Thankful that in tough times I am an American
With the 24-hour news coverage of bad things happening anywhere on the globe and the constant drum-beat of security issues everywhere, many citizens are plainly afraid. In times like these, I thank God I am an American.
Growing up, my education both in and out of school prepared me well, especially lessons learned in history class about past conflicts that provide me with a perspective on the current situations we face.
We spend much of every day conscious that the evil terrorists are after us, and it is just a matter of time before they strike our citizens because they are completely ruthless. However, you must know this: Terrorists are not the first people to threaten America.
When I was a youngster, the Korean War was big news. My father being in the military meant that the conflict connected to me personally. Korea was then the biggest threat I had ever known. My parents were wary, but not scared.
Not being alive in 1941, I missed the intense feelings of concern Americans felt when the Japanese attacked Pearl Harbor. Nor while growing up did I feel, as had my parents, the storm clouds of war gathering that preceded the Second World War. My grandparents felt much the same fear and uncertainty of conflict preceding America’s entry into the First World War. The war came closer and they were powerless to stop it. Likewise, their parents worried about the Spanish-American War when it suddenly came up. The effect of fear reaches back throughout the history of our country.
Rising to the task
The current terrorist events are deeply troubling. However, our American education can give us perspective. The United States has been directly involved in what I name as 12 major wars: Revolutionary, 1812, Mexican, Civil, Indian, Spanish-American, World War I, World War II, Korea, Vietnam, the Gulf War and, finally, the current Iraq/Afghanistan/war on terror.
Without debating the merits of these wars, each conflict brought times of concern for Americans. Dozens of lesser conflicts also affected the American psyche. Bombings and regional attacks have occurred over the years. In each, America rose to the task and normalcy returned to the population after the conflict.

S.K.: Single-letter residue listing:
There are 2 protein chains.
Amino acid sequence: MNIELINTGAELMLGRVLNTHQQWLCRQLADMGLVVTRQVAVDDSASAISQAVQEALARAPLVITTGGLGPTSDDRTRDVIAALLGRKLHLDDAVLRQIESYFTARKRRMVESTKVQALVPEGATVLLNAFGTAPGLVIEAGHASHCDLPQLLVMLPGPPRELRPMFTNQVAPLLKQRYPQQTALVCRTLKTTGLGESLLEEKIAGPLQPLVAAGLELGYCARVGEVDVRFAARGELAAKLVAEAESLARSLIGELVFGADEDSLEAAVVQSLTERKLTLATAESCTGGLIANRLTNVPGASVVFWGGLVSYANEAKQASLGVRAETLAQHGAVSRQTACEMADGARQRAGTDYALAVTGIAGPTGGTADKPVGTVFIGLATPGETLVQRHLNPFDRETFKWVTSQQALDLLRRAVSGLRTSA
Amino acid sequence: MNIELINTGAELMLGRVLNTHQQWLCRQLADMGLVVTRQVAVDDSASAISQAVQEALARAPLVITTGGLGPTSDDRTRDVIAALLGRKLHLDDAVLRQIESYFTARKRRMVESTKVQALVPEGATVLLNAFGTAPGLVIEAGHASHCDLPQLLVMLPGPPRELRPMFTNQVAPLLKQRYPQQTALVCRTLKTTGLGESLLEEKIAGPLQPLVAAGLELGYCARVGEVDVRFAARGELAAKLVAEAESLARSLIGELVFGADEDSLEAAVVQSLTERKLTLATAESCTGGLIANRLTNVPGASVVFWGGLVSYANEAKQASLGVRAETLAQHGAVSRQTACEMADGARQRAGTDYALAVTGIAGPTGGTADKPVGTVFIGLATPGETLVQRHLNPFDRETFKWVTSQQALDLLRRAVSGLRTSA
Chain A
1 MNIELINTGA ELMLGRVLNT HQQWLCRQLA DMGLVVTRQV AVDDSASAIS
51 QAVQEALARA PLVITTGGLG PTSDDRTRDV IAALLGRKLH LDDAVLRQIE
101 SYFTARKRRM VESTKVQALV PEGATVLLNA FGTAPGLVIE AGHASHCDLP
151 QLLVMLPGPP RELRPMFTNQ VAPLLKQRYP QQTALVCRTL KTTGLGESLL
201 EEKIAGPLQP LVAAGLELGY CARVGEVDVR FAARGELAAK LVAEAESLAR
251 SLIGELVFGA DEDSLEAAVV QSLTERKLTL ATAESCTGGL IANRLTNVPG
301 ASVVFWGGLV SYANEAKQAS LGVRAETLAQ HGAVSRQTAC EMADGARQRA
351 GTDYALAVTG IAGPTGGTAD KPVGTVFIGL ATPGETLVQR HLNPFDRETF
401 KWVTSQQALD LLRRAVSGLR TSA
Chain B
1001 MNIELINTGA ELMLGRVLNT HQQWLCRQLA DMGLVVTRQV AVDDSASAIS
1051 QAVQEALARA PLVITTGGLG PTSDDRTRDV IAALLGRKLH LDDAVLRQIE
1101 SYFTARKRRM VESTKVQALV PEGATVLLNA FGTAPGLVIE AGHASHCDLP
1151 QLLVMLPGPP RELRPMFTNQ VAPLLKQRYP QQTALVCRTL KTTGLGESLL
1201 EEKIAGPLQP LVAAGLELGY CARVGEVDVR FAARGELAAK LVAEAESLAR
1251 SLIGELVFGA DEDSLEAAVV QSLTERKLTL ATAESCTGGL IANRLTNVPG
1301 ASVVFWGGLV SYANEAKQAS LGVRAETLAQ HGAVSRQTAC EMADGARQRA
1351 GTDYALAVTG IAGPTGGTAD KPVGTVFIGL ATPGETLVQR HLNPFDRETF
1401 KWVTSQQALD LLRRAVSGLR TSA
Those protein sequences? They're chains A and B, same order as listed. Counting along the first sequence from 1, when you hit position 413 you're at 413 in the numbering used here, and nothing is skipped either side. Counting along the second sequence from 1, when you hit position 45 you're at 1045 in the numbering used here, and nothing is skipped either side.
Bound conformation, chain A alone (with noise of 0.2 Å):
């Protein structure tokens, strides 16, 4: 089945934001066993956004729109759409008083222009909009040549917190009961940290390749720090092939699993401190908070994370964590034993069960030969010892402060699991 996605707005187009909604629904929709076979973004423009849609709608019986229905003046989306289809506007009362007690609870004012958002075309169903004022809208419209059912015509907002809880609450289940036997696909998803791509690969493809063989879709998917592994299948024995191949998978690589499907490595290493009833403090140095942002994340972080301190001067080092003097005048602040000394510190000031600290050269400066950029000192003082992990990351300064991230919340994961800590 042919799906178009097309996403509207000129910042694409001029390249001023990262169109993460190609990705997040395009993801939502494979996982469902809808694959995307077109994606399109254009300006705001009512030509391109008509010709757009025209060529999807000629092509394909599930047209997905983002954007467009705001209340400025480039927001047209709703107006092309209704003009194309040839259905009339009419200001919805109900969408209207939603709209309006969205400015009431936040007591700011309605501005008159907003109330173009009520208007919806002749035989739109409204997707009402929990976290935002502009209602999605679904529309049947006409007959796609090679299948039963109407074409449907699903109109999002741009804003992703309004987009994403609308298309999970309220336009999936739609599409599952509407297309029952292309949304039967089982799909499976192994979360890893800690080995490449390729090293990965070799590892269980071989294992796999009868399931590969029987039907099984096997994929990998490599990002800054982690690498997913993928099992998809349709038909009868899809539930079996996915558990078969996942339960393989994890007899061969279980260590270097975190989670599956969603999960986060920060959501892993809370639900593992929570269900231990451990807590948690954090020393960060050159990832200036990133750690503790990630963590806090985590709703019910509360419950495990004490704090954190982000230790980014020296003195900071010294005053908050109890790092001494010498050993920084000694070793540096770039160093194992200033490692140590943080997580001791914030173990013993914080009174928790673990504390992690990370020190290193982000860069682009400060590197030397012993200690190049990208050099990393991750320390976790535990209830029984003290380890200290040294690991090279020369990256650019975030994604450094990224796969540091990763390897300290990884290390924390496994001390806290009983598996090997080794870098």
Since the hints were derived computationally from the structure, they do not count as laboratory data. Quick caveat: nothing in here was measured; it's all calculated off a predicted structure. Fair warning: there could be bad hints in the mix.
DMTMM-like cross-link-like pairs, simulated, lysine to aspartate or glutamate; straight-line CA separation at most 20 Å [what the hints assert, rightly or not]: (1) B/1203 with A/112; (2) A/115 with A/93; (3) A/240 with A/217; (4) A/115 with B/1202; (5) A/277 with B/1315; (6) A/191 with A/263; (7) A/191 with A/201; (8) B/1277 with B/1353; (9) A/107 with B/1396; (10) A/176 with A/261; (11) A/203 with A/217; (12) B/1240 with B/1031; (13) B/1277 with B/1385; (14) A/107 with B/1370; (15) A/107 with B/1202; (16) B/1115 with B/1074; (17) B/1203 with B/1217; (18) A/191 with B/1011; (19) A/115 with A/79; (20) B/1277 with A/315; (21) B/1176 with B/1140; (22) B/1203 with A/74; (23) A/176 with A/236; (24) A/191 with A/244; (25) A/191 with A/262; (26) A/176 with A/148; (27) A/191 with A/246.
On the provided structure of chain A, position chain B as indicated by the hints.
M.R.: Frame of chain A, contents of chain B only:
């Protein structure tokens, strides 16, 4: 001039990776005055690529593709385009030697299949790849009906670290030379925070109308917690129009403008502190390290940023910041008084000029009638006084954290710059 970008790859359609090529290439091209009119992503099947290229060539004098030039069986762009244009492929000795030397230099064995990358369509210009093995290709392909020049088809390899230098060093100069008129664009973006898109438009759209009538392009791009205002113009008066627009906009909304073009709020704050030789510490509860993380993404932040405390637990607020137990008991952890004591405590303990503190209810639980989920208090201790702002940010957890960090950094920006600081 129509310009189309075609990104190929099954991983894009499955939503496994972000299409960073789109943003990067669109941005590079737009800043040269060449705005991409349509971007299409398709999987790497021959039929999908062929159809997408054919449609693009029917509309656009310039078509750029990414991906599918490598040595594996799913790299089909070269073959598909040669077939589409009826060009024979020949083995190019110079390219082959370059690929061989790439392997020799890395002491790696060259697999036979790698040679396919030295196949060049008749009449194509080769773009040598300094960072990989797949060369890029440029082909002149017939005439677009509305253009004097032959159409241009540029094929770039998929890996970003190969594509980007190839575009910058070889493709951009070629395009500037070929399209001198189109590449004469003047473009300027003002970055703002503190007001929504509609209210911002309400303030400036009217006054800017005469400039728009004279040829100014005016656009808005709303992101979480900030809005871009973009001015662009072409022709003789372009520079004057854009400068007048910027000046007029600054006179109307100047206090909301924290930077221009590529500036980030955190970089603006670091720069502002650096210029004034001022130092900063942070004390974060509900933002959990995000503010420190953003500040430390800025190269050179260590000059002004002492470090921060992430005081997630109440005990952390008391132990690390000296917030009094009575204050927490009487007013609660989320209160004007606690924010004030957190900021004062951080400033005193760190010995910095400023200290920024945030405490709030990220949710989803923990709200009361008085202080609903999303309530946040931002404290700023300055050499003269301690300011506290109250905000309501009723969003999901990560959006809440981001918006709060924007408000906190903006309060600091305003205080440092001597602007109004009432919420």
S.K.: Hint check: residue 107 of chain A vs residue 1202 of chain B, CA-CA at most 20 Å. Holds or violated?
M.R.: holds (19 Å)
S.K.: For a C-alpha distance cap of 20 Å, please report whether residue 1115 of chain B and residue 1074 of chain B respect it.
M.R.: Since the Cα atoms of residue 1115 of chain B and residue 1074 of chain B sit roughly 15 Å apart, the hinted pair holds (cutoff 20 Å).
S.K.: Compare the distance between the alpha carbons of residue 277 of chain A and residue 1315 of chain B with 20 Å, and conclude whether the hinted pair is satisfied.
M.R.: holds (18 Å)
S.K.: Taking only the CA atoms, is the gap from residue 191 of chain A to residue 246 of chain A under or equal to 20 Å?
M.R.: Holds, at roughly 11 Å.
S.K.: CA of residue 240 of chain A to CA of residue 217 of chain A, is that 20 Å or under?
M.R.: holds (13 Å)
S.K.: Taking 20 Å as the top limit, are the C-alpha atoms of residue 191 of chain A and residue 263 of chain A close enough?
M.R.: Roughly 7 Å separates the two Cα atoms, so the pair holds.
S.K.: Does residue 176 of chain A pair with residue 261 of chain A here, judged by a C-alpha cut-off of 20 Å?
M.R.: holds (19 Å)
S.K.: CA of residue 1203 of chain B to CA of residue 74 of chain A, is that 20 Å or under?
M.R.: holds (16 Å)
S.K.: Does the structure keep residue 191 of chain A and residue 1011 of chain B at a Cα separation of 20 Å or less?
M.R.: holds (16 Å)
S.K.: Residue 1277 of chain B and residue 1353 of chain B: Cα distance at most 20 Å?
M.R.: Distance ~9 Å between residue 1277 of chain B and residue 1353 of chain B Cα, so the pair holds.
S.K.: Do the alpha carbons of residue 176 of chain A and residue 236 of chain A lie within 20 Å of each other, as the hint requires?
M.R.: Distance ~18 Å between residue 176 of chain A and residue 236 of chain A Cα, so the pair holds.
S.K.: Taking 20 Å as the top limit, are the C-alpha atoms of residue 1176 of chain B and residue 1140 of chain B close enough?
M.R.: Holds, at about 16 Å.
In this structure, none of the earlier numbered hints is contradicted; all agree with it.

When I was in school, we studied the Revolutionary War. I remember thinking how scared those kids must have been during this war. How uncertain the future must have seemed to them. At the time I was in third grade. We practiced nuclear attack drills by hiding under our desks until the all-clear signal.
In school I looked carefully at the paintings of the Revolutionary War that showed young men being comforted after being wounded. One caption read, “Before he succumbed, he said to keep on the good fight for liberty.” I had to look up the word succumbed. The thought occurred to me that he had not succumbed to fear; perhaps we all should not succumb to fear.
Teaching them right
Students in schools are vulnerable to unnecessary fear at times like these with the talk of terrorist attack everywhere, especially if someone is flying. It is less troubling to me because I have a perspective on such things happening in extraordinary times. A student in high school today may not really remember the Gulf War, other than it was a conflict. I have had moments of apprehension over the years, but not real fear. As a young child with no historical perspective, I did feel fear in the 1950s.
At that time I went to bed with my parents listening to programs on the radio that spoke about the communists taking over our country and killing all of us. I could not judge how likely this was, but I got comfort from the fact that my father was in the military and, of course, he would protect us all.
History can provide not only a perspective, but also a balance for our school children if it is taught adequately. With the proper perspective and balance, students today may not succumb to or even be bothered by their fears. They may understand their duty to serve our country because someone must volunteer to protect the rest of us or we all will perish. They will do so if we teach them right.
Swickard is a weekly columnist for this site. You can reach him at email@example.com.
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